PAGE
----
All these developments Mr. Chairman, have far reaching consequences, of course, on the internal structure and the organization and methods of UNHCR. We must strengthen our staff where the main problem exists, in Africa; we must be ready to face the need in Asia also with staff in the right places at the right time; at the same time we must also make a parallel effort to compress our administrative establishment as much as we possibly can in Europe, and we must accompany this by an effort to transfer to Governments, and particularly Governments of first asylum in Europe or voluntary organizations who have been our partners ever since the office was created, some of the tasks sometimes performed by UNHCR.
At the same time, I believe more frequent visits by my colleagues and by the High Commissioner himself to the areas where we have programmes must take place. We should also, I think, work out a procedure of direct consultation with the Executive Committee, necessitated by the circumstances today - I am referring particularly to the urgency of action needed - also bearing in mind the need to avoid too frequent meetings and too exacting a procedure for the members. Nonetheless, I think personal contact with the Executive Committee is essential.
I also would like to press for an increased activity on the part of and better co-ordination with the specialized agencies of the United Nations. I believe we will do this in a pragmatic way, with FAO in the field of agriculture which I have just referred to, with UNESCO in the field of education to assist us with their expert know-how, on how to implement education projects for refugees in Africa, etc.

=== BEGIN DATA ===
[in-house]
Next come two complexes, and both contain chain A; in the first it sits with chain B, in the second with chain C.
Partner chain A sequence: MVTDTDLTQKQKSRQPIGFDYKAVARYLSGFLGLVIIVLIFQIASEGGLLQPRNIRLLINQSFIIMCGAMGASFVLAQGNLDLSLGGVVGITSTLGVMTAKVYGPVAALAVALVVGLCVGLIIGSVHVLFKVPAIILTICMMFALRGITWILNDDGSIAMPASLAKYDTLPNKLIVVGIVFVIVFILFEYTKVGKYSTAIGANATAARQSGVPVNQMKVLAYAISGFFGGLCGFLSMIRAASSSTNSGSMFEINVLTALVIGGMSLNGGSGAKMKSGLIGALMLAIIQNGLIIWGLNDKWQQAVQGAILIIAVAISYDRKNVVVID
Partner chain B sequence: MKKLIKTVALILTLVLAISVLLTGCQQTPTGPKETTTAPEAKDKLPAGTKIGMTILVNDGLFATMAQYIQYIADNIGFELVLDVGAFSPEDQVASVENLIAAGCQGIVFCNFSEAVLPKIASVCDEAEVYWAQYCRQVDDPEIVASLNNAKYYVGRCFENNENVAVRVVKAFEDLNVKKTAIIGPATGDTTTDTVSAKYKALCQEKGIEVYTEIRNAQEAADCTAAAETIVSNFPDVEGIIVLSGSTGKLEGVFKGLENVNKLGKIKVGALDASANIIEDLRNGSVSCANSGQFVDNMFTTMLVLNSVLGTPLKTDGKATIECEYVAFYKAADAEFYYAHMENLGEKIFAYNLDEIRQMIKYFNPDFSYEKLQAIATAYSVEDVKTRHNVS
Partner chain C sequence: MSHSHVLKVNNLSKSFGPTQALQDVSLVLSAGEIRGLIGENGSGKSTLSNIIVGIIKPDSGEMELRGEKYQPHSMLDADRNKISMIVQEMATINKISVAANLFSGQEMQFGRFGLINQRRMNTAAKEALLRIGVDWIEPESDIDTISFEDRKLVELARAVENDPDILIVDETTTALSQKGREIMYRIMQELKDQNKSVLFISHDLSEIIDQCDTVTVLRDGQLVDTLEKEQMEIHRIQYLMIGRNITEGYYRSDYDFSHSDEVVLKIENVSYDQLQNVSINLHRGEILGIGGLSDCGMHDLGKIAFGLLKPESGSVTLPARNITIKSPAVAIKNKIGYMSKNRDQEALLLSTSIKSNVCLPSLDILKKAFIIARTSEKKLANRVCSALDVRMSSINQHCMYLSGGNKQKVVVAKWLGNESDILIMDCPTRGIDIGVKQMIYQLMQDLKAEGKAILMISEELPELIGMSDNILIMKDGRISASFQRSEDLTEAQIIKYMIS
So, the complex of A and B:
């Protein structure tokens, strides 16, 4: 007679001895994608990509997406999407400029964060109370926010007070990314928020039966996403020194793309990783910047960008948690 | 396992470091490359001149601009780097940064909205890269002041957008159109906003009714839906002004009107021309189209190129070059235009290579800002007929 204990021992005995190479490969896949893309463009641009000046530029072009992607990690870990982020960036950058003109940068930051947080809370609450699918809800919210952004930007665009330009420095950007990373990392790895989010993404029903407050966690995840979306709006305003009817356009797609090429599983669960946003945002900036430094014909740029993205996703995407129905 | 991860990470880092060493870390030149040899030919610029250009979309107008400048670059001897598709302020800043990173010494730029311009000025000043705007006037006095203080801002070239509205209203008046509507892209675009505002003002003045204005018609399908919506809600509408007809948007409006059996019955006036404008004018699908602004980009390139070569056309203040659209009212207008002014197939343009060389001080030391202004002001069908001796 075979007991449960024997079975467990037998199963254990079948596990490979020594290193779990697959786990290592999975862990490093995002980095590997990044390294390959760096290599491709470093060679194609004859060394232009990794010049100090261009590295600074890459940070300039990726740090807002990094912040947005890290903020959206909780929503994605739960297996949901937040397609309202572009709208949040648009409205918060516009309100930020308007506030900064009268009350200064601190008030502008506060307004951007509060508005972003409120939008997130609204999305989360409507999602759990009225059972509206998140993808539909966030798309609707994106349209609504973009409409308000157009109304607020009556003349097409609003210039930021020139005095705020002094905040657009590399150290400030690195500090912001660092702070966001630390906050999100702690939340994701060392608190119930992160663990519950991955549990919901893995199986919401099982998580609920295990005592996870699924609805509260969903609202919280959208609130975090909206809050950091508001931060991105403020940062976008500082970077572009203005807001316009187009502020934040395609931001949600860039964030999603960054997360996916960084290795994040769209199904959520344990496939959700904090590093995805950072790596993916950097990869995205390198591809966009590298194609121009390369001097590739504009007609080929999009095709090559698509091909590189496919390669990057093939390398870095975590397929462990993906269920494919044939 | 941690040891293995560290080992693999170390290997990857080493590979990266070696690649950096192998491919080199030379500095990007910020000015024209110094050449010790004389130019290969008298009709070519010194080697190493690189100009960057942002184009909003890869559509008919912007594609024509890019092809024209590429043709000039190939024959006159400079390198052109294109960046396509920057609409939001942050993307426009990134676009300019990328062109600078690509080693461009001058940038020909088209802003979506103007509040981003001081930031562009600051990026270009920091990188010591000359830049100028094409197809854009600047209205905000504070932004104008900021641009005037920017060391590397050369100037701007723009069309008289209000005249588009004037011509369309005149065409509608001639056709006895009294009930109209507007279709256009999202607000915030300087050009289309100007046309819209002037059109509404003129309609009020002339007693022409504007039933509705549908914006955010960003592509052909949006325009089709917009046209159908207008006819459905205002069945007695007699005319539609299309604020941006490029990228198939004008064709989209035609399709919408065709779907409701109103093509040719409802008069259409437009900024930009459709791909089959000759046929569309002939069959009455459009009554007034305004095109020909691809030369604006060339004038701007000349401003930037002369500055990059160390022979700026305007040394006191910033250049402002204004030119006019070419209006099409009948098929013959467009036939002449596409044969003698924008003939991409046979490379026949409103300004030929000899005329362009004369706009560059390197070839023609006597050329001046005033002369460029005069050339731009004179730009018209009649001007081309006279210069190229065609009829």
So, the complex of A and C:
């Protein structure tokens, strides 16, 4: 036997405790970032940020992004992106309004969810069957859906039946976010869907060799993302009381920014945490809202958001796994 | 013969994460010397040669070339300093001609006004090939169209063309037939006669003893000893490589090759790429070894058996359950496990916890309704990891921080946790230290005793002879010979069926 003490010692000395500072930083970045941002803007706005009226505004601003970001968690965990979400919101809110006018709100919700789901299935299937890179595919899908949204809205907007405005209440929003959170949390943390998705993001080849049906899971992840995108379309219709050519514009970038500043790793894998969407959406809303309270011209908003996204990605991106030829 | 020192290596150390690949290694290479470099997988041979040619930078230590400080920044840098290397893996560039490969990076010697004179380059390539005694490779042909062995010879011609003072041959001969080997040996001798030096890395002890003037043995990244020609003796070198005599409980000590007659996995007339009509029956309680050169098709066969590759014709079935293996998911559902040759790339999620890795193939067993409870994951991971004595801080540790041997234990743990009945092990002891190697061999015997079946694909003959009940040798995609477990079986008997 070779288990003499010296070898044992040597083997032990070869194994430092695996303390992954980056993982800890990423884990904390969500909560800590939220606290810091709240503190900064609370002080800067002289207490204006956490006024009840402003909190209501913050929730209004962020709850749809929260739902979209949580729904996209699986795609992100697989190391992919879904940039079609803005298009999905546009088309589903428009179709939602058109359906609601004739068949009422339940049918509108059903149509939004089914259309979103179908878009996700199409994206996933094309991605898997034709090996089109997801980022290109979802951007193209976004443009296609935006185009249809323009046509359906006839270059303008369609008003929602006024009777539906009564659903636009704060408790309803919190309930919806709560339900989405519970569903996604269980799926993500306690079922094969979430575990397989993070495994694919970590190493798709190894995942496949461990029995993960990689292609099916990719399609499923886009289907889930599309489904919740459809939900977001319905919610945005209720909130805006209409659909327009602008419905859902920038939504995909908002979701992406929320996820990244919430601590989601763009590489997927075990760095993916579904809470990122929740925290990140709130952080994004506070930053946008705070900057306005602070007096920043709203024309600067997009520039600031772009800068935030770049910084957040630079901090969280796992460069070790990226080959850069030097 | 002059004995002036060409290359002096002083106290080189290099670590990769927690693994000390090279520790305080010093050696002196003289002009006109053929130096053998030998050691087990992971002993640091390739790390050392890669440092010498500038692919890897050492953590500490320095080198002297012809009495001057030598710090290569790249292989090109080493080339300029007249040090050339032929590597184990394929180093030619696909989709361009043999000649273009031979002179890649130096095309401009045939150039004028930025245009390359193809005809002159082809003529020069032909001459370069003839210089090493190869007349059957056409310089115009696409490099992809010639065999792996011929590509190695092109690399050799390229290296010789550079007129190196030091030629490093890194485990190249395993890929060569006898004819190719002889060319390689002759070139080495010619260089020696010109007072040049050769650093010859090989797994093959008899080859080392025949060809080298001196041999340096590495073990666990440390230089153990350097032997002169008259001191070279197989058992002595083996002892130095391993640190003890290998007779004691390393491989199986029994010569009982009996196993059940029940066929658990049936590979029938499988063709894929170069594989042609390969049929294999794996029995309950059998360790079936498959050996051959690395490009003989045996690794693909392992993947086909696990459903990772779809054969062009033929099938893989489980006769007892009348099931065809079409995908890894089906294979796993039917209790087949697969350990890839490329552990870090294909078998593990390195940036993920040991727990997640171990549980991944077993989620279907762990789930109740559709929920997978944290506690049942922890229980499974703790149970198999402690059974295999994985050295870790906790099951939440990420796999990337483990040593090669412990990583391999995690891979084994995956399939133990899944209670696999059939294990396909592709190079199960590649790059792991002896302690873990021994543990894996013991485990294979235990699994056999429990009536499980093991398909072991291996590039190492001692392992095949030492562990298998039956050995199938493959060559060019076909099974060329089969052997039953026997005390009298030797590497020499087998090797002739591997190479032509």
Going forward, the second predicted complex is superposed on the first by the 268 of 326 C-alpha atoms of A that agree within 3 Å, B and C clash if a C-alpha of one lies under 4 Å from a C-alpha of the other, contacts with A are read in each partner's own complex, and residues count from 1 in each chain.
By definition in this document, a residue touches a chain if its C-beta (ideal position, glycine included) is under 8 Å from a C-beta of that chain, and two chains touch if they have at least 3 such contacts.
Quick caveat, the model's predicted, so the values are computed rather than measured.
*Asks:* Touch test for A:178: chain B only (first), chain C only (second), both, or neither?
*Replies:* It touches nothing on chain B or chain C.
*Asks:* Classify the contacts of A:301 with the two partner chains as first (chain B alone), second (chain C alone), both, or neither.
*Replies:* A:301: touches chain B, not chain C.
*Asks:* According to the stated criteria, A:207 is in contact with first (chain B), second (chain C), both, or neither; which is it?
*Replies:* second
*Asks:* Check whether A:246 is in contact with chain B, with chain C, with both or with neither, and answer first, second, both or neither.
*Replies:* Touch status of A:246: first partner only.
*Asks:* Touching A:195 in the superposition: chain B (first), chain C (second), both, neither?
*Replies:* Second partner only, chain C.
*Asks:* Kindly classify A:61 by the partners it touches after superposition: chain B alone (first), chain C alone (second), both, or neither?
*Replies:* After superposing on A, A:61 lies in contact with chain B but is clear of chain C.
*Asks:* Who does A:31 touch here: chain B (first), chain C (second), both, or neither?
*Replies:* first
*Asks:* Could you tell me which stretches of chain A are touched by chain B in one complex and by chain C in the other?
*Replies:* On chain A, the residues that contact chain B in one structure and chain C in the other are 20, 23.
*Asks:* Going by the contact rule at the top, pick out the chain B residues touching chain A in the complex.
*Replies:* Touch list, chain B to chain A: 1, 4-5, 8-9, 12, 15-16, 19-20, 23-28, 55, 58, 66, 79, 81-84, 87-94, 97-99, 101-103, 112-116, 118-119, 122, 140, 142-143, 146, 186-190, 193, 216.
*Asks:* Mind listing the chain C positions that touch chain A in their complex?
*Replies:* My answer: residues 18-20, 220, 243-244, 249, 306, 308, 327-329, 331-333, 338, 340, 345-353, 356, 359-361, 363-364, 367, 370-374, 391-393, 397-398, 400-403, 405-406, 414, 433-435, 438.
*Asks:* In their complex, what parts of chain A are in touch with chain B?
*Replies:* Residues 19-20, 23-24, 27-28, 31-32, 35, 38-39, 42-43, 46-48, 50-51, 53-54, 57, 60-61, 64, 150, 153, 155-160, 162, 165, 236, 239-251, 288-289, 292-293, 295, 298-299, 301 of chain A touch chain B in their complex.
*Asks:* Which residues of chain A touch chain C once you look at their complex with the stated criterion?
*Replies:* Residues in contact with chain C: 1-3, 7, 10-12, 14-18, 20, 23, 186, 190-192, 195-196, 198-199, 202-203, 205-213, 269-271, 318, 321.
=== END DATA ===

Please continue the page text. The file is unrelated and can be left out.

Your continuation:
In conclusion, Mr. Chairman, it can be deduced, I believe, that UNHCR's task is particularly heavy for an office equipped such as mine for tasks which until recently did not really extend beyond a relatively restricted geographical area. I have already placed the problem honestly and squarely - and it is becoming daily more urgent - before the Advisory Committee for Administrative and Budgetary Questions of the General Assembly. I have asked the Assembly to understand my problem. They have asked me, on the other hand, to develop my effort of administrative compression, for the sole purpose of freeing personnel hitherto employed on the European front, so that we can direct this personnel to the areas and the countries where it may reasonably be thought that the activities of UNHCR will be concentrated in the future.